Coast Line - Sept/Oct 2018
- story and photos by Ellis Anderson
The same year Cruisin’ the Coast began – 1996 – was the one I moved full-time to Bay St. Louis. I’d just opened a second location of my French Quarter gallery in a historic cottage on Main Street - right next door to the courthouse.
My new neighbors welcomed me. Other shop owners and Old Town residents would drop by to visit as I hammered and primed and painted during the renovation. They’d fill me in on town goings-on – sometimes while lending a hand.
That’s the first time I heard about Crusin’. It’d take place in October. Cruisin’ the Coast was a brand new festival – or something. No one seemed very clear about the concept.
It was very confusing to me. An event takes place in a single location, right? And hey, even though I’d moved over from New Orleans with several costume boxes, I was sadly lacking in poodle skirts.
Later, we’d all learn that Cruisin’ was sort of like a progressive dinner party, drive-thru style. A large part of the fun for participants was, well, cruising. Antique or vintage car owners would register in Biloxi and have their passes stamped at each of the participating coast cities.
They’d all roll down the coast road in their antique cars, enjoying the scenery and getting a good gander at other collectible cars in the process. Slews of vintage automobile fans from around the region were expected to attend. They’d have the opportunity to time-travel back to when car seats rumbled and fenders had fins.
Except, there weren’t that many cars to look at in 1996. In that inaugural year, only 374 vehicles participated. Spread out across 70 miles of coast, the showing didn’t make an enormous visual impact. But I didn’t care – the festival was a huge success to me: I’d gotten to hear the Pat Murphy Band for the first time.
My neighbors had also clued me in about the band. I listened to them rhapsodize about Pat (you can’t help but dance!) and his wife Candy (Lord, can she belt ‘em out!), and the other musicians (those horns, the rhythm, the lead!).
I rushed the customer out, stuck a note on the doors and locked them. Next door, a large crowd had already gathered before the stage. With the courthouse as a backdrop, people swung and swayed and the burden of responsibilities and cares that every one of us shoulders got dropped to the ground as we danced.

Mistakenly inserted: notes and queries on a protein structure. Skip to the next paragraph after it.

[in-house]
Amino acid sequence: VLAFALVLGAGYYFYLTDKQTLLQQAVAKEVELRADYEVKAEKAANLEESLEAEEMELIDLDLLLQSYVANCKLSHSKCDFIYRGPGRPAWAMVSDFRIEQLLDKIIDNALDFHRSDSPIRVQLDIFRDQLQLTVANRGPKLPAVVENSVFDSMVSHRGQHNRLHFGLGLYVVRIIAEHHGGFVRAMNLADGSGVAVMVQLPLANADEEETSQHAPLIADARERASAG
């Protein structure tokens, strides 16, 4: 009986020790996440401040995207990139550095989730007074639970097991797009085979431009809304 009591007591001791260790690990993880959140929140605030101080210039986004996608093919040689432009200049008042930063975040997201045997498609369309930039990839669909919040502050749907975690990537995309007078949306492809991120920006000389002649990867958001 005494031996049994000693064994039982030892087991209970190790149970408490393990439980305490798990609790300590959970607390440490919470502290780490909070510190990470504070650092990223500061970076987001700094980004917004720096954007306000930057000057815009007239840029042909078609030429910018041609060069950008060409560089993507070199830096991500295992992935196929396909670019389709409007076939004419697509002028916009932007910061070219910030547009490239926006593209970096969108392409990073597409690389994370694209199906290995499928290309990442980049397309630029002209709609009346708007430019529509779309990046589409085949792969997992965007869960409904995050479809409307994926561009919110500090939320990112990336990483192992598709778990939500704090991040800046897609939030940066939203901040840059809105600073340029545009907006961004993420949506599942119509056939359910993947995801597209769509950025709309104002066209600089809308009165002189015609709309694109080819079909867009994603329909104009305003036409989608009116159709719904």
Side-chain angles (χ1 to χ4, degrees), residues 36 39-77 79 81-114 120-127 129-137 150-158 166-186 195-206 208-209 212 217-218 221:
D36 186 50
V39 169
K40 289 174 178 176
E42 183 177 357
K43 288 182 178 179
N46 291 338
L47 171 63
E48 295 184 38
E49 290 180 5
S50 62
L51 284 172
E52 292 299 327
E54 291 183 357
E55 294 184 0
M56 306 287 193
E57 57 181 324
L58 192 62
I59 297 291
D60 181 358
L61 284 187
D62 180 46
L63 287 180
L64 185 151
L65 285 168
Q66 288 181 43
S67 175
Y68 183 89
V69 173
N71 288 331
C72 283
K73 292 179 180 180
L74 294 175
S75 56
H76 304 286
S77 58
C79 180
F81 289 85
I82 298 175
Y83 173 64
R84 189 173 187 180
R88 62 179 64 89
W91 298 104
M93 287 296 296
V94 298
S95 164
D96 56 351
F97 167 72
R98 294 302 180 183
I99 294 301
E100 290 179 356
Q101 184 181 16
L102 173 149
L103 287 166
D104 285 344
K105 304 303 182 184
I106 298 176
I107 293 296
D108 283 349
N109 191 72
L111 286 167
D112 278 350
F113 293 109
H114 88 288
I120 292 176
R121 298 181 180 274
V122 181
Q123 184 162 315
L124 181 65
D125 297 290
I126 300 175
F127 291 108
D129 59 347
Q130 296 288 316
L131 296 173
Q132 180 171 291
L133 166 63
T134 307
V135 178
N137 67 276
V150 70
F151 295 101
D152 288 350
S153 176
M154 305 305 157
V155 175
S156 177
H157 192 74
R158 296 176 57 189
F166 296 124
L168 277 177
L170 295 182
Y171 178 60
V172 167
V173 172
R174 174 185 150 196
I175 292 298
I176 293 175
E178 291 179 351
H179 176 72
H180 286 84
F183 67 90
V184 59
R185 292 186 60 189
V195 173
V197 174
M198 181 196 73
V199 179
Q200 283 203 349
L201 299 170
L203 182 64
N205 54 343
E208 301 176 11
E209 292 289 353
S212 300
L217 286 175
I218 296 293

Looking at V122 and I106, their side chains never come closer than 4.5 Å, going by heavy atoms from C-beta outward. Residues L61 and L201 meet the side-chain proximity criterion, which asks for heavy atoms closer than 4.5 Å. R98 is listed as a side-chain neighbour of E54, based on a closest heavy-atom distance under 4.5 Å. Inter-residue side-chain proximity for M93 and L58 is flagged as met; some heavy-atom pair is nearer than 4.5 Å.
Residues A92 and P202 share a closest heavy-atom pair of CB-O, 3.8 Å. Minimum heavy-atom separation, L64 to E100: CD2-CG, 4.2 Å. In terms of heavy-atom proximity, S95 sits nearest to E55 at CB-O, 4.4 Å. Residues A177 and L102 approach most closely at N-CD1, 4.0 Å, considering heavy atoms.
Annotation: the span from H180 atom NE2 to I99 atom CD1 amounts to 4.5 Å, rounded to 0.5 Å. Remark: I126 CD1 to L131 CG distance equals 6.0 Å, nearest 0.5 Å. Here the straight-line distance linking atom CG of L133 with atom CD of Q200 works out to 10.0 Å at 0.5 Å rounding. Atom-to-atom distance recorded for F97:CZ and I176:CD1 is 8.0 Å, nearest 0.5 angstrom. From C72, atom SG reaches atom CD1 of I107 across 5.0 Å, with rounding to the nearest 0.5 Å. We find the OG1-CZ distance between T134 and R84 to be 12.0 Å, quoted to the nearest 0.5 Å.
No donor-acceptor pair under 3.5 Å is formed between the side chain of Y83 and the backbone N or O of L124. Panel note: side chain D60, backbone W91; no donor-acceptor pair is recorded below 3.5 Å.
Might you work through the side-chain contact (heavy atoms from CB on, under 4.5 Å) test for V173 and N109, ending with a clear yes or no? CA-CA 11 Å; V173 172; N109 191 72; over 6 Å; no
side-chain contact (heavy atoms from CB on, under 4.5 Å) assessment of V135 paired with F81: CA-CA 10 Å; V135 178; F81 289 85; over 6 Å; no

When the first Cruisin’ was over, organizers might have been disappointed, but participants sure weren’t. They returned home to Hattiesburg, or Baton Rouge or Mobile and told their friends. Who told their friends. Who started polishing up their cars for 1997.
From 1996 – 2004, I watched each one of the Crusin’ events from the front porch of my Main Street gallery. The rest of the year, I rarely looked twice at the design of a ride, but during that week, the car craze proved to be contagious and I oogled with the rest of specators. For one whole week, Bay St. Louis, drenched in a lovely 1950s charm straight out of Mayberry, RFD, became a movie set from the past.
The event's grown past anyone's expectations. According to the official Cruisin’ the Coast website, in 2017 more than 8,300 vehicles registered. Participants hailed from forty states. Antique car enthusiasts flock to the coast by the thousands, to catch the chrome, the costumes and the brightly colored cars, glistening under coats of paint so rich and syrupy, you can almost taste the fruity flavors.
Pat’s band has morphed into “Sippiana Soul” these days. John Bezou is still tearing up the lead, while Pat’s cranking on the keyboards and Candy’s reminding us all that while heartbreak is inevitable, music and movement and great friends make it all worthwhile.
Catch “Sippiana Soul" during the 2018 Cruisin' at the Beach/Court St. stage, on Saturday, October 6, 1pm - 2pm.
Poodle skirts not required.
For a full Cruisin' schedule of Bay St. Louis/Hancock County events only, click here for the Shoofly Magazine's Upcoming Events page!